The Bank of England (BoE) started increasing the interes rate on December 16 and this Thursday did not want to miss the opportunity to raise the price of money again, for the second consecutive meeting, in an attempt to contain the inflation. The Monetary Policy Committee has raised interest rates by 25 basis points to 0.50%, after raising 15 points in December. This is the first time that it has raised the price of money in two consecutive meetings since 2004. The fight within the Committee has been intense, since four members would have preferred to raise rates by 50 basis points to 0.75%, compared to the five who have voted in favor of the increase of 25 basis points.

On the other hand, the Committee has also voted unanimously (there has been no dispute here) for the Bank of England to start reducing the stock of purchases of UK government bonds and stop reinvesting income from maturing assets.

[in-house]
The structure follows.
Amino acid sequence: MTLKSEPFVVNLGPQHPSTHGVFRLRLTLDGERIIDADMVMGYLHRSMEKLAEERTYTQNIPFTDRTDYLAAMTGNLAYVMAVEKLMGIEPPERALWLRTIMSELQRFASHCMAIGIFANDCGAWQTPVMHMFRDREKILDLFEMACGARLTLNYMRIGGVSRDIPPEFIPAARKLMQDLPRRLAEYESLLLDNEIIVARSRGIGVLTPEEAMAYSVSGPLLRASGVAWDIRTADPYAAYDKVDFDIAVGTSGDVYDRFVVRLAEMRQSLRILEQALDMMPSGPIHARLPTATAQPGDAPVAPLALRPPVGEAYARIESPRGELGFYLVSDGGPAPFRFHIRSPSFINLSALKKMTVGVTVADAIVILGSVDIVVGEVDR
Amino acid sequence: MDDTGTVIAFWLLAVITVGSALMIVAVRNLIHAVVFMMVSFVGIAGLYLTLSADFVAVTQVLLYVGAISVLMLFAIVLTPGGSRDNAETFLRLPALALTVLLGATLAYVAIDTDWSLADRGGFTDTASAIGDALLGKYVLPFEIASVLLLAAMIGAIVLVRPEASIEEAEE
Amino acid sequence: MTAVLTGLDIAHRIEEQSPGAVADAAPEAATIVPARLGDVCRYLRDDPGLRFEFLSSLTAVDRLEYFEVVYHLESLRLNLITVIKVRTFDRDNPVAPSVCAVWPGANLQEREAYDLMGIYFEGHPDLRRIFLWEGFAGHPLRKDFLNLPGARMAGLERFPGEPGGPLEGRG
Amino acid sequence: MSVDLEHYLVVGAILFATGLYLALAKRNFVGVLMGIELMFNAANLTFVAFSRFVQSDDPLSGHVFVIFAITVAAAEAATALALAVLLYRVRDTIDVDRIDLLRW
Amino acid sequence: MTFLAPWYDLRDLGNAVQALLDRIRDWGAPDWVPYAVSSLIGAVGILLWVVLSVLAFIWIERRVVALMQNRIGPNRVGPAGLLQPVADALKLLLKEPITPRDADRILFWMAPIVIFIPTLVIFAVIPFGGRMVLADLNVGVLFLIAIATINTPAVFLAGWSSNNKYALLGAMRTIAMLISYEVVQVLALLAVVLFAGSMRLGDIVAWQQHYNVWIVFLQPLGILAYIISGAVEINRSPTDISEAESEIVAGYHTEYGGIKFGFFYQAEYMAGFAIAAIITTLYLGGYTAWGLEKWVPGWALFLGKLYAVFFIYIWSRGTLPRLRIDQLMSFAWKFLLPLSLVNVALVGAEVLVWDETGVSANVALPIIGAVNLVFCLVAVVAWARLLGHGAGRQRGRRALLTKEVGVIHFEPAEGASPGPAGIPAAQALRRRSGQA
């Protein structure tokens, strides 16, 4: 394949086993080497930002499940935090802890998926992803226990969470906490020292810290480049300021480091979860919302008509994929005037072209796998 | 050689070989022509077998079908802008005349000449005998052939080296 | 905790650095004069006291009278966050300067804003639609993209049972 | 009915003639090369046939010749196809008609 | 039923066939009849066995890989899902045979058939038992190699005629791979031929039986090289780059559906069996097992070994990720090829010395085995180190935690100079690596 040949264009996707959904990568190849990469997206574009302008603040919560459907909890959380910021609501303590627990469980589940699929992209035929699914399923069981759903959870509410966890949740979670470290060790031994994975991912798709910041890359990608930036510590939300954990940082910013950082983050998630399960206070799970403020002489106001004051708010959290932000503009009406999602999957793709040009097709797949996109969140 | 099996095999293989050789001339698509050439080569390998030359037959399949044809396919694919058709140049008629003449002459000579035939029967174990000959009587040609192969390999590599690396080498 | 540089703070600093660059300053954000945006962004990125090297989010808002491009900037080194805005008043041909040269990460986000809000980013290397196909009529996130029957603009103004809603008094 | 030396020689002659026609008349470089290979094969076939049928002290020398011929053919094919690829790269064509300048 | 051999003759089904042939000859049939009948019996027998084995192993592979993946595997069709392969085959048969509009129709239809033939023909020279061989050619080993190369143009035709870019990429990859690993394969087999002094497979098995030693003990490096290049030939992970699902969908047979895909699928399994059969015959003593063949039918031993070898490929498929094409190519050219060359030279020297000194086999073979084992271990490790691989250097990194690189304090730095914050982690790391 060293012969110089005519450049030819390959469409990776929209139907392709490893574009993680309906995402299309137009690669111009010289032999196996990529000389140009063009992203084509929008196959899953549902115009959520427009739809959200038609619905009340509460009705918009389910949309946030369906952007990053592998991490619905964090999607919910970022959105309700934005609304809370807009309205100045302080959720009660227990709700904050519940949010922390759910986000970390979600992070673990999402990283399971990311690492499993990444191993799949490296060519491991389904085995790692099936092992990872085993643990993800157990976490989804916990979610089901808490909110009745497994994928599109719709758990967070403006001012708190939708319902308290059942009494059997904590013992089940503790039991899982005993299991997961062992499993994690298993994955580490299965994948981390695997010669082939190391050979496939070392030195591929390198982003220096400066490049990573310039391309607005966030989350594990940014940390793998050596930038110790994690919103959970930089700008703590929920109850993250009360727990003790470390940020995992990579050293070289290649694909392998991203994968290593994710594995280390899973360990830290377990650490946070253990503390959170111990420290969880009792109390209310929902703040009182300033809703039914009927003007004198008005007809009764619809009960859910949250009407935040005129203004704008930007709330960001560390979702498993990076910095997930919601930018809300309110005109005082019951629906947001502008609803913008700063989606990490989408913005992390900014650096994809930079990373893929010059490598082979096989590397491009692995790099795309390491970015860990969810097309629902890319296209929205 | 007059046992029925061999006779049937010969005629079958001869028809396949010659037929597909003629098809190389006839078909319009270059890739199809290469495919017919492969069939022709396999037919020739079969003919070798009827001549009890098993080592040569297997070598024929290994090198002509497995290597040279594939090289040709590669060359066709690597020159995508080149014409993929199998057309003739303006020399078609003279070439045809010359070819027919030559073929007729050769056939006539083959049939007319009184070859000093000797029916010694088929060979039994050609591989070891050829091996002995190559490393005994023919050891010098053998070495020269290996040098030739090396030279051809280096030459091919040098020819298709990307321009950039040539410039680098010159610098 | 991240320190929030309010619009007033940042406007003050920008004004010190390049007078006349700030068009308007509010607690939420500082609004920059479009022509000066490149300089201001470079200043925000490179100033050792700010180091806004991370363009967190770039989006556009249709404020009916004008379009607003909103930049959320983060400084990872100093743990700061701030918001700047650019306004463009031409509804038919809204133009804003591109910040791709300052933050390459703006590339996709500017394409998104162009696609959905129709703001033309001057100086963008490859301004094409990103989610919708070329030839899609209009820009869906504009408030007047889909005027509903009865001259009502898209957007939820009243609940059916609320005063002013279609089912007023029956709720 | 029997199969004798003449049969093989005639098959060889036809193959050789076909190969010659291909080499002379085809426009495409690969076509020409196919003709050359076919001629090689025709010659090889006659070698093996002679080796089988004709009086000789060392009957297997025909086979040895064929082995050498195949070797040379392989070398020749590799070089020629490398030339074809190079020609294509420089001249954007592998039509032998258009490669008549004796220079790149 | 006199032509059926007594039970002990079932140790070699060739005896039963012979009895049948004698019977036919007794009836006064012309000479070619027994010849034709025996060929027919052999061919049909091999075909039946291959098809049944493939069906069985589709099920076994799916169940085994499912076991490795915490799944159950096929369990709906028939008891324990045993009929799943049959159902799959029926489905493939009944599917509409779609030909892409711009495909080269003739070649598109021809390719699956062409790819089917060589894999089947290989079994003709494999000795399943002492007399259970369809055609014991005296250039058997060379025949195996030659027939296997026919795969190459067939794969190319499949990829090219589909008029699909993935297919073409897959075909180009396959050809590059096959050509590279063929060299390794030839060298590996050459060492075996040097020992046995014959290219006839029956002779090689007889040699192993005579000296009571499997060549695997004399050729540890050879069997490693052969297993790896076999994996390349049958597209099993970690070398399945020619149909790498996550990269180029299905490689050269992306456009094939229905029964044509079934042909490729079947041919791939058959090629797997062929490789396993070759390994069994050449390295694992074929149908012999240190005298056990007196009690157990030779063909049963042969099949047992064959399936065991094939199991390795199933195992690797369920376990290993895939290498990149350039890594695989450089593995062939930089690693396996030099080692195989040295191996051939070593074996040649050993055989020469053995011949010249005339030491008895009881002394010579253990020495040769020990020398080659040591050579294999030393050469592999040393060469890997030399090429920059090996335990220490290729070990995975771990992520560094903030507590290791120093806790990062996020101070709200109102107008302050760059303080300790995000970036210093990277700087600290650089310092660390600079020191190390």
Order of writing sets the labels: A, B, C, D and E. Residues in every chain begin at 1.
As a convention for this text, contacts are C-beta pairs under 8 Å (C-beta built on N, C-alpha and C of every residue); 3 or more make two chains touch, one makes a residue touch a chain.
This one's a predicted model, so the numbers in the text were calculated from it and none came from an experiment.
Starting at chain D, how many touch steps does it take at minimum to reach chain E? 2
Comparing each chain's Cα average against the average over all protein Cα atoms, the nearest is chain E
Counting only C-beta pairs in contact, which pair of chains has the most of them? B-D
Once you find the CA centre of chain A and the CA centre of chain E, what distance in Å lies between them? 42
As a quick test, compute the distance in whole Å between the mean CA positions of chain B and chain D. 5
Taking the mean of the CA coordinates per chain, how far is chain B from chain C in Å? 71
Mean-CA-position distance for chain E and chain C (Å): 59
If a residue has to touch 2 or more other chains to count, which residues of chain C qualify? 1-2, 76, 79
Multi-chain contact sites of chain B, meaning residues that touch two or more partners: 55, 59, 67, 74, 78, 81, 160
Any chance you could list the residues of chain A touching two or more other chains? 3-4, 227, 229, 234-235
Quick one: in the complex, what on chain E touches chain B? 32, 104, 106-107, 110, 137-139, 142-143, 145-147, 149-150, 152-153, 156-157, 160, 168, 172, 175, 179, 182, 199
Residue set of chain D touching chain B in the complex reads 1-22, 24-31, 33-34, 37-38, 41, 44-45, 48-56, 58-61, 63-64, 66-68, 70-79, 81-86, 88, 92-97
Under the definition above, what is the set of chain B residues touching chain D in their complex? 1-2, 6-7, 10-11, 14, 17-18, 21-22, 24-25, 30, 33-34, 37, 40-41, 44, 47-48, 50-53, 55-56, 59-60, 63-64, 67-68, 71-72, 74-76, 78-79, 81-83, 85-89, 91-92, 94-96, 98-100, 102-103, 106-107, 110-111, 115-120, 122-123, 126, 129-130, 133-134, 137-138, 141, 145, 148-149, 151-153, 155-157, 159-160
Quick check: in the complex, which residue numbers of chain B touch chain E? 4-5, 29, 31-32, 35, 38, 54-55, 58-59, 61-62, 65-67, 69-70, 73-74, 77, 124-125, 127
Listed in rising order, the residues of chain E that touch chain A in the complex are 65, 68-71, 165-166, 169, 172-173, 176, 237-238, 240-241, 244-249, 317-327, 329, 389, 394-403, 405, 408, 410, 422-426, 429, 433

It will also begin to reduce the stock of non-financial corporate bonds, by ceasing to reinvest maturing assets and through a sales program that will not be completed before the end of 2023, which should completely liquidate the stock of corporate bond purchases. In this way, the Bank of England gives the ‘kick off’ to its particular quantitative tightening (QT) with a net reduction of the balance sheet that includes this gradual sale of corporate bonds. This will drain some of the liquidity flooding the UK market.

A new era begins after the 895,000 million pounds in bonds accumulated during the last decade under quantitative easing (QE): 875,000 million in British public debt and 20,000 million in investment-grade corporate bonds. The BoE will immediately stop reinvesting profits from past due gilts, allowing more than £200bn to run out by 2025.